missed the eidt = edit 4 Fat Fingers. i.e. 20% of Earth – 1E14 square metres

Your choice: Half the cost or double the rate you’re throwing basalt around. I assumed 5 tonnes per acre and $$$ based on what I used to pay, per tonne, for agricultural-grade crushed Limestone.

Or, keep the lower 5 tonne rate and toss some old windmills into the water to ‘Help The Fishes’
Iron makes things green and if you’ve ever been on a golf course, you should know that.
If not, have a craic with the groundsman/green-keeper

Fish Oil is already proven help people to displace sugar from their diet and thus kick their Sugar Habit
No, its not the Omega 3 Oil/acids as claimed. Fish Oil Omegas are the wrong (16C) chain length and we simply burn them for energy.
If we need Omega Oil, we make our own (18C chain-length) omegas BUT, we need fat in our diet of that chain-length as raw material and plants/fishes don’t make that sort/quality of fat.

Ron Long
September 1, 2021 3:14 am

“Looks like Carbon Insanity” should be added to the Psychiatrists list of untreatable of mental conditions.

Reply to  Ron Long
September 1, 2021 3:36 am

If their professional associations are anything to go by, psychiatrists already have carbon insanity. I did find one was prepared to allow a young climate sufferer access to a therapy group, but he has gone back to another branch of medicine.

Richard Page
Reply to  Martin Clark
September 1, 2021 5:56 am

As a practitioner or as a patient? sarc

griff
September 1, 2021 3:18 am

People won’t put up with it?

Well it isn’t as if we haven’t started yet, is it?

For example UK 42% renewable electricity, coal plants near close; Germany 51% renewable; Spain 42% renewable… new coal cancelled across the EU…

No mass protest so far…

MarkW
Reply to  griff
September 1, 2021 4:04 am

Once again, when griff decides to start making up numbers, he goes all out.

Red94ViperRT10
Reply to  griff
September 1, 2021 4:20 am

A man jumped off the roof of a 100-story building. As he passed the 4th floor he could be heard saying, “Nothing’s happened yet!”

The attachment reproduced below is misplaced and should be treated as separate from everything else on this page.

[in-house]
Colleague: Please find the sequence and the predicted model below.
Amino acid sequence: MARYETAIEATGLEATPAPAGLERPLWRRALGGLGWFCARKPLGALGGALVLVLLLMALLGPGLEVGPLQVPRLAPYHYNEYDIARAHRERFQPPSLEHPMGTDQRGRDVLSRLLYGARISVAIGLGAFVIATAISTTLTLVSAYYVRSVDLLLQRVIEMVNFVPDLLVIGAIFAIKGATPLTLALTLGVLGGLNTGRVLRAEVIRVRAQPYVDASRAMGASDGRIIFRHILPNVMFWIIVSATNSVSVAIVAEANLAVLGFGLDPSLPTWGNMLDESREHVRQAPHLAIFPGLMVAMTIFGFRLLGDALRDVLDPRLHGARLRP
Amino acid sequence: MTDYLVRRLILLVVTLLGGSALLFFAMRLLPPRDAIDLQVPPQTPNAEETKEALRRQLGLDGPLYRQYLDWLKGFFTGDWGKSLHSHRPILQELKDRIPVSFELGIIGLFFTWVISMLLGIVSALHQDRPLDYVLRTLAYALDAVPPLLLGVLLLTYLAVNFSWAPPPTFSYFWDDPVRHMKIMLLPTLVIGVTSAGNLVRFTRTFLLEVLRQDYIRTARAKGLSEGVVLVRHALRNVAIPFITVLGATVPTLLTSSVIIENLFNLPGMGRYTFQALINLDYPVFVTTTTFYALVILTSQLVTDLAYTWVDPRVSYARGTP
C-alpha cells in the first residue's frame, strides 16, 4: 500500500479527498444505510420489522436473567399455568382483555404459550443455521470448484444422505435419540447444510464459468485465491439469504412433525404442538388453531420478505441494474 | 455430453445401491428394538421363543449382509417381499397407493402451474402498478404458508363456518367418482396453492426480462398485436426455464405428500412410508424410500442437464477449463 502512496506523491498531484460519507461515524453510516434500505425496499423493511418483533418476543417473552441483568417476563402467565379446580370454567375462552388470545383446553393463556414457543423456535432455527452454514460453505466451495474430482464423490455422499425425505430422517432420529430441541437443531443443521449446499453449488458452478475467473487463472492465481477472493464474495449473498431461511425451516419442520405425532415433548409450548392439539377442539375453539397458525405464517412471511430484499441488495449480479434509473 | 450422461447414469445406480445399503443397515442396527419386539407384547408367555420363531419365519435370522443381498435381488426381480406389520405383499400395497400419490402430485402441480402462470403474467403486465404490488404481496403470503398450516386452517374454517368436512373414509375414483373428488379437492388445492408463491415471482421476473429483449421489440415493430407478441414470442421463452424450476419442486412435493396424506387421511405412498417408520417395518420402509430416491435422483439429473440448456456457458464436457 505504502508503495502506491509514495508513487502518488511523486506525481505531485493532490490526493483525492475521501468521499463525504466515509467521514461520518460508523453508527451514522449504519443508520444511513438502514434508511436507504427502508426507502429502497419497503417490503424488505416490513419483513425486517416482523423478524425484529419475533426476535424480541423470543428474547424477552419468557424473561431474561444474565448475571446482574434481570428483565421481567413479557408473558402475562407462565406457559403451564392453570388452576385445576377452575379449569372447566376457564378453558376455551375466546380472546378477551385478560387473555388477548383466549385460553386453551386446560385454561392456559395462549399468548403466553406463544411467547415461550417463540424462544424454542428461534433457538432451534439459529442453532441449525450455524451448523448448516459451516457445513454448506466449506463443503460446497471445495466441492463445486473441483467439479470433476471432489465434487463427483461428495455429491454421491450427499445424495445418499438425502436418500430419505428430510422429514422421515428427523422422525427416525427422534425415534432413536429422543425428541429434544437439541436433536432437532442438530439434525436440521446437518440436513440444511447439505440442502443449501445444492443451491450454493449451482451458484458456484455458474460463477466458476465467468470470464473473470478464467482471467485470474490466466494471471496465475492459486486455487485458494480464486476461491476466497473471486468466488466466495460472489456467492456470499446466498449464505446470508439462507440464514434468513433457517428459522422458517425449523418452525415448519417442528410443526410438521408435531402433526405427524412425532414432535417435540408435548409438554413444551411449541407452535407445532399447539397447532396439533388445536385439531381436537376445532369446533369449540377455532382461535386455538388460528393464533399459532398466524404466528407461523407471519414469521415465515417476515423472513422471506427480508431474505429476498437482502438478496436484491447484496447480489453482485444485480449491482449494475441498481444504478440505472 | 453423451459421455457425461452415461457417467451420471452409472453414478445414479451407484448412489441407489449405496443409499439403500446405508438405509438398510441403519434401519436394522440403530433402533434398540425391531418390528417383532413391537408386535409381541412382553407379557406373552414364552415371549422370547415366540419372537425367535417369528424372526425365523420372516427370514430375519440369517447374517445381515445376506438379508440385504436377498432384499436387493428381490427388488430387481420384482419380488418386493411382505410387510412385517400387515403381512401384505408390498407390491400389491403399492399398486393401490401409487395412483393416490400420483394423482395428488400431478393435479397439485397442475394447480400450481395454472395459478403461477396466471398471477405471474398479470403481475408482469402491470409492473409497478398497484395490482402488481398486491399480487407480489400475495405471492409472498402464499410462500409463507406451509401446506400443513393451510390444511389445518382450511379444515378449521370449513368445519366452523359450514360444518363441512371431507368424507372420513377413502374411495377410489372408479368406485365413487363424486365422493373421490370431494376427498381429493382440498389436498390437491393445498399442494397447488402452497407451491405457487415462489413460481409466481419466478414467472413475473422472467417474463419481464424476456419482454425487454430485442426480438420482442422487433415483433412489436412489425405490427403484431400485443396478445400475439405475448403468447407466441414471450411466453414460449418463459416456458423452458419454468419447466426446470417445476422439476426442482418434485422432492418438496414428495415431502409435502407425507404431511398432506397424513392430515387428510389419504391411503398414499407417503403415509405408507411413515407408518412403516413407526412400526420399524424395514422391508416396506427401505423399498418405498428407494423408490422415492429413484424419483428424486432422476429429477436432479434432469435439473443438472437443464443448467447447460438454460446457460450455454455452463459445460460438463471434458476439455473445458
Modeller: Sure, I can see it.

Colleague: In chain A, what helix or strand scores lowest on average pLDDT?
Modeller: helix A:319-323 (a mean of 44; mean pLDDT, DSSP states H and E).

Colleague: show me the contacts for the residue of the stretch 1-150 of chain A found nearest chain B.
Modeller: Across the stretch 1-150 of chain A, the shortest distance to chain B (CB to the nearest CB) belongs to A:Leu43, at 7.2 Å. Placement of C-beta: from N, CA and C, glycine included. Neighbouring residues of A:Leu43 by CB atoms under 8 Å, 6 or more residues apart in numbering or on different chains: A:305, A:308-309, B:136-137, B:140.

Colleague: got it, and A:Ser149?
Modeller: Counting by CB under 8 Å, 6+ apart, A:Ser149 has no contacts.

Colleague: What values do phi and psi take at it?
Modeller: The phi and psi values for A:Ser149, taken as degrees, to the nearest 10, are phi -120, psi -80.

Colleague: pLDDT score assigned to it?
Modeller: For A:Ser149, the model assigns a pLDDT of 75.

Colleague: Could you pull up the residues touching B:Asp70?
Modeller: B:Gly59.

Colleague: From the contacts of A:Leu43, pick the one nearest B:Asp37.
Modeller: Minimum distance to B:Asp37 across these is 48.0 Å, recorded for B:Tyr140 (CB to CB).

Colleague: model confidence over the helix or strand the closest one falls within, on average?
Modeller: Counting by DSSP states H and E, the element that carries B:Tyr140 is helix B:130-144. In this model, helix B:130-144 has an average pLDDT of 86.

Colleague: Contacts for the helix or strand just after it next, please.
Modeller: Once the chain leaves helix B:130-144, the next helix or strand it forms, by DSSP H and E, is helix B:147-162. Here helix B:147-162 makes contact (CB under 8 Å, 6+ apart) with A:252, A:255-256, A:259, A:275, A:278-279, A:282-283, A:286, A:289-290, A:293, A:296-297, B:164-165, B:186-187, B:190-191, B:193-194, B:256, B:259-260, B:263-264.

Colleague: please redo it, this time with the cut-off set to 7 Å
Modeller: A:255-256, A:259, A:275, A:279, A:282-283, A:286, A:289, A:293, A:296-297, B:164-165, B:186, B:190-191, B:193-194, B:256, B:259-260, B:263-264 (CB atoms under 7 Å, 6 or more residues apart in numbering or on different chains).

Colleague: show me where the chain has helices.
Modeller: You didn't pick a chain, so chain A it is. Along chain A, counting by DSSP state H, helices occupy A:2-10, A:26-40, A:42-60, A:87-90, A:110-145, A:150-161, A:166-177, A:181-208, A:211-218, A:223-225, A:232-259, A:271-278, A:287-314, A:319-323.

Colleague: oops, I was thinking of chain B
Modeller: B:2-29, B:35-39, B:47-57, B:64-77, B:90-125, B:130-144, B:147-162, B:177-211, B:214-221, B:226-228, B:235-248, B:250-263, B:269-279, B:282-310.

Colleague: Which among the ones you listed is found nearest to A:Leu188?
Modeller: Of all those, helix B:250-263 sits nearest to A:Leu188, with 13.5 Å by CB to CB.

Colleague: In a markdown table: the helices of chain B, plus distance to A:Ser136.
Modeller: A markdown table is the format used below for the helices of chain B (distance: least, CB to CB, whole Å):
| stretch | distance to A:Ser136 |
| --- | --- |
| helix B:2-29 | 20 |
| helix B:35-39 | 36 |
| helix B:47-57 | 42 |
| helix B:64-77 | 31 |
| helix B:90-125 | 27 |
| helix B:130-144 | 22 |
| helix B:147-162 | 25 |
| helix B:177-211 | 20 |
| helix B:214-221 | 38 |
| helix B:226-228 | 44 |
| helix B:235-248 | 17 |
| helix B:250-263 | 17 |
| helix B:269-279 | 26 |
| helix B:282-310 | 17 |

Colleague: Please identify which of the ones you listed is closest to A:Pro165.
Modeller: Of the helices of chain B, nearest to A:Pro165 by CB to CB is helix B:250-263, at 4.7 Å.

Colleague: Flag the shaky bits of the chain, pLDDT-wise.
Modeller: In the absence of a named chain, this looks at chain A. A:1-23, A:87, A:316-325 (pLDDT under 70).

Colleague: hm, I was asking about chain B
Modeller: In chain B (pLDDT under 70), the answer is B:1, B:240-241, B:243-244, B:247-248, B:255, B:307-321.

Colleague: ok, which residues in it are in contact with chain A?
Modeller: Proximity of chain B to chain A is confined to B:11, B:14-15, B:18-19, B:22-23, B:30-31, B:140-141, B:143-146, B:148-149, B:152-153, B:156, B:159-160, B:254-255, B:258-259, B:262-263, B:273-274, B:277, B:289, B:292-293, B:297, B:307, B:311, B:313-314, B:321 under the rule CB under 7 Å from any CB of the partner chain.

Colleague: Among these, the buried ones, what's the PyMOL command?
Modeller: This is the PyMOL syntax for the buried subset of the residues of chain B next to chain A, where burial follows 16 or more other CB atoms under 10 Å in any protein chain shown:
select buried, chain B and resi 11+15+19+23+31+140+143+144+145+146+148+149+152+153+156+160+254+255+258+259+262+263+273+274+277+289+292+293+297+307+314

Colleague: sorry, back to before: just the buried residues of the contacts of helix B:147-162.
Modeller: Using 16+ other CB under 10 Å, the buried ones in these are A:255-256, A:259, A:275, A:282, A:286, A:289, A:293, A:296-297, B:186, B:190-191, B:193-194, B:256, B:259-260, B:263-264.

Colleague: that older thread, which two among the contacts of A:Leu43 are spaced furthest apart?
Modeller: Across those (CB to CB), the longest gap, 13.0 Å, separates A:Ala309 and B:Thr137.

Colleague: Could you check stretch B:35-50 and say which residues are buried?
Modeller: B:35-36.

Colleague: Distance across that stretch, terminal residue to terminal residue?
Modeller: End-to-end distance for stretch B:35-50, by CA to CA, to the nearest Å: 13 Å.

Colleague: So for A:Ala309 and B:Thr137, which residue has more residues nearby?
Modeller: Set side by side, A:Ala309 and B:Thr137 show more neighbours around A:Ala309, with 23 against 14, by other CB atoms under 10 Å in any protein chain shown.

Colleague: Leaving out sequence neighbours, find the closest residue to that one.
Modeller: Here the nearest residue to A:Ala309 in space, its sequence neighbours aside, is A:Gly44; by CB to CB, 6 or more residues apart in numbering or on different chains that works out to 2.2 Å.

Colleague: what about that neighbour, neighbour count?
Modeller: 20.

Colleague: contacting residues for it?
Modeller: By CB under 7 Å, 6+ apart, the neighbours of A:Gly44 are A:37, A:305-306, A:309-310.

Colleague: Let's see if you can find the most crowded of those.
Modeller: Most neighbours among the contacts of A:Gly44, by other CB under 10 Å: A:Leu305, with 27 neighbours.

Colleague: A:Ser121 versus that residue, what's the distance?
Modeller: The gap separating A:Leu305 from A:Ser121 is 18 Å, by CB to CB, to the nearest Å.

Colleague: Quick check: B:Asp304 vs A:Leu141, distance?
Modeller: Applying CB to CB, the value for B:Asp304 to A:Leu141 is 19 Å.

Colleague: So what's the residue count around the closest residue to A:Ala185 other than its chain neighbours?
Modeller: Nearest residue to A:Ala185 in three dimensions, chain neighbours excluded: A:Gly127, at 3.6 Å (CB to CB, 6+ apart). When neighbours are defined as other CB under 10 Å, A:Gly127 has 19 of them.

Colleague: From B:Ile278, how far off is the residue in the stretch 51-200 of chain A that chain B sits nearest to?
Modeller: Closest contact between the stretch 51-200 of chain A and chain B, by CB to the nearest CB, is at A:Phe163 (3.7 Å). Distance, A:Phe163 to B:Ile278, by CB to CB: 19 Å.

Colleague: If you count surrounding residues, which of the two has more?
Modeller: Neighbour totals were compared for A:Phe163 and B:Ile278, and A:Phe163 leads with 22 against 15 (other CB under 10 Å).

Carlo, Monte
Reply to  Red94ViperRT10
September 1, 2021 12:11 pm

“So far, not so bad!”

fretslider
Reply to  griff
September 1, 2021 4:32 am

Do you have gas central heating or a heat pump, griff?

Thought so

Last edited 18 days ago by fretslider
Alan the Brit
Reply to  griff
September 1, 2021 4:38 am

That’s because the lights haven’t gone out……..yet, but they will do, & all that squandered natural gas being burnt for nothing other than to provide reliable back-up generation when the sun stops shining & the wind stops blowing!!!

richard
Reply to  griff
September 1, 2021 5:55 am

“German Failure on the Road to a Renewable FutureIn 2011, German Chancellor Angela Merkel announced the country was turning away from nuclear energy in favor of a renewable future. Since then, however, progress has been limited. Berlin has wasted billions of euros and resistance is mounting”

https://www.spiegel.de/international/germany/german-failure-on-the-road-to-a-renewable-future-a-1266586.html

Richard Page
Reply to  griff
September 1, 2021 6:07 am

Except for the mass protests in Loch Ness, Glenurquhart, Powys, Surrey and other home counties. Mass protests have blocked over 50% of all wind farm plans so far and the numbers are rising. People don’t want these things.

Richard Page
Reply to  Richard Page
September 1, 2021 6:52 am

Sorry, these are for UK wind farms. Not sure about elsewhere although I noticed in passing that protests in Hawaii have stopped all new wind farm plans.

Richard Page